Is Dawkins’ new book a children’s primer for scientism?

When I first heard a description of Dawkins’ latest book, The Magic of Reality, I thought it sounded intriguing, if not promising. However, I certainly don’t like the way this review paints the book.

…Dawkins’ volume is as accessible as it is illuminating, covering a remarkable spectrum of subjects and natural phenomena — from who the very first person was to how earthquakes work to what dark matter is — in a way that infuses reality with the kind of fascination and whimsy we’re used to finding in myth and folklore. Each chapter begins with a famous myth from one of the world’s religions or folklore traditions, which Dawkins proceeds to myth-bust by examining the actual scientific processes and phenomena that these stories try to explain.

Does Dawkins expect this book to teach children “to fight myth with science”, as that article’s subtitle asserts?

I haven’t read the book, but I hadn’t previously gotten the impression that it attempts to “replace” myth with science before this review. Now, I have all ideas that Dawkins really does want to do just that, but is that what this book intends to do? If so, for all the good this book does in promoting science among the young, it’s a poisoned well from which I’d be wary of letting my kids drink.

Please bear in mind that from here on I’m critiquing the review’s understanding of Dawkins’ book, and the view of those who agree with that interpretation.

Perhaps the most delightful aspect of Dawkins’ atheism is his a-rational, perhaps even ir-rational, curiosity about nature and his boundless enthusiasm for science (or is it his enthusiasm for his own curiosity about science?). It’s a worthy exercise to try to infuse wonder and even “whimsy” into scientific inquiry about the natural world since those things often seem to be the domain only of the intangible, in constructed narratives and philosophical/theological explanations of the abstract. But here it sounds as though Dawkins wants, at worst, to replace a healthy appreciation for mythology with a love of science or, at best, to downplay the ongoing insight of myth and narrative into the human experience that cultural anthropologists and comparative mythologists have been teaching us for decades. I have grave misgivings about claims that science can (and especially should) trump those sorts of non-scientific insights into meaning, purpose, and wonder made by people like Joseph Campbell by treating myths as nonsense stories entertaining to only people who don’t care to know better and need justifications for flying planes into buildings.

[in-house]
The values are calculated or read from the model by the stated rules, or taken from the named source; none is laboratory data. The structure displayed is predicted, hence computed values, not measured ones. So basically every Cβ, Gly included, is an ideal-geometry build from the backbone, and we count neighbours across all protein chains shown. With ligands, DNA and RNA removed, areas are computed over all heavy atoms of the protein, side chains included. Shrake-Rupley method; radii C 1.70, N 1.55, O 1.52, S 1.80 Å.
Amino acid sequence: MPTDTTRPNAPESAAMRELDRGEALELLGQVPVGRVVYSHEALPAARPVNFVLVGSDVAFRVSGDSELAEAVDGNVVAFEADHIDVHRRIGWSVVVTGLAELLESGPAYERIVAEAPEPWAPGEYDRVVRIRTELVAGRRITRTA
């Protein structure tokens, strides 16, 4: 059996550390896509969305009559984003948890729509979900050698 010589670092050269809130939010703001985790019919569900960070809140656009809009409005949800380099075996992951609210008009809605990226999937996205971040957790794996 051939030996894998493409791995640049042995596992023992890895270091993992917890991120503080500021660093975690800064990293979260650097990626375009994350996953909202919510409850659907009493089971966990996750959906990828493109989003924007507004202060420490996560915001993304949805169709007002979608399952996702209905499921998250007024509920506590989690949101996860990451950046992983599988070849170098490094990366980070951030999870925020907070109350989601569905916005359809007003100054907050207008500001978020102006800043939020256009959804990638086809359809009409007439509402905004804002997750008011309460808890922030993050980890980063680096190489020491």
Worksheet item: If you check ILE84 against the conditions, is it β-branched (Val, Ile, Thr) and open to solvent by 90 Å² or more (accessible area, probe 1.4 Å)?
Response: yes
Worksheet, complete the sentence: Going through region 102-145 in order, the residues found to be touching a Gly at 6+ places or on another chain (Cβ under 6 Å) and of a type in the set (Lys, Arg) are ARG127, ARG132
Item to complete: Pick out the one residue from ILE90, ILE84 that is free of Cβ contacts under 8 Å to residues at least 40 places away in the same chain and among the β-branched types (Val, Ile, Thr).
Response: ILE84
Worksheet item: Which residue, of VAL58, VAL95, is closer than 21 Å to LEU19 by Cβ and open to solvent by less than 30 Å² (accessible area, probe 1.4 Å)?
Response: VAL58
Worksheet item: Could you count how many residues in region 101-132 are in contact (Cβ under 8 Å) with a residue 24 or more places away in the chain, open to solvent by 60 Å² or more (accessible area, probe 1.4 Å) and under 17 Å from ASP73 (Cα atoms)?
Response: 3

I’m not even speaking here as a Christian, but as someone who values the role myths play in human society. I’m doing my best to instill in my children an appreciation for the mythologies of other cultures, and I don’t find it necessary to give them an appreciation for science by myth-busting the cosmology of the Sumerians or (still less) by denigrating non-industrialized societies’ methods of grappling with bigger questions of the universe. I just don’t think it’s a great idea to make a campaign of “debunking” or subjugating myths to a pursuit of scientific understanding as though it were the apex of human achievement. It’s not, and shouldn’t be. I live my life for much more than that.

As for science’s ability to inspire wonder, whimsy, and mystery, let me just say that those atheists who believe that they know for relatively certain that nothing exists outside of what’s already known about the universe (its physicality, etc.) are guilty of “established science of the gaps” thinking, which can’t help but cordon off a whole realm of inquiry that has been part and parcel of humanity’s descent from the trees and, if you’ll pardon the triumphalist teleology, its subsequent ascent up the evolutionary tree, ending up as organisms that can do science. My point is that dyed-in-the-wool materialists have decidedly less opportunity for wonder than those a little less confident about the prevailing scientific understanding of the universe. If I see a face on the surface of Mars, there is undoubtedly more wonder and room for curiosity in, “What could that be? Might it really be an artifact of alien life?” than in, “Well, aliens probably don’t exist, so it’s got to be a natural formation of some kind.”

My biggest beef is this: if someone wants to substitute reductive materialism for all alternative forms of meaning, wonder, etc., well and good for them. But do we want self-laudatory science’s “materialism of the gaps ” taught to our kids? I sincerely hope this book is not trying to make claims about how much qualitatively better hard science is than cultural metanarratives, religion, and probably even philosophy itself (Dawkins always, a little too contently, refuses the label “philosopher”, perhaps for this reason). “Kids, you can read and even permit yourself to enjoy your silly little fabricated stories, but if it’s not actual science, it’s not reality and hence a waste of your time and potential as a human being.”


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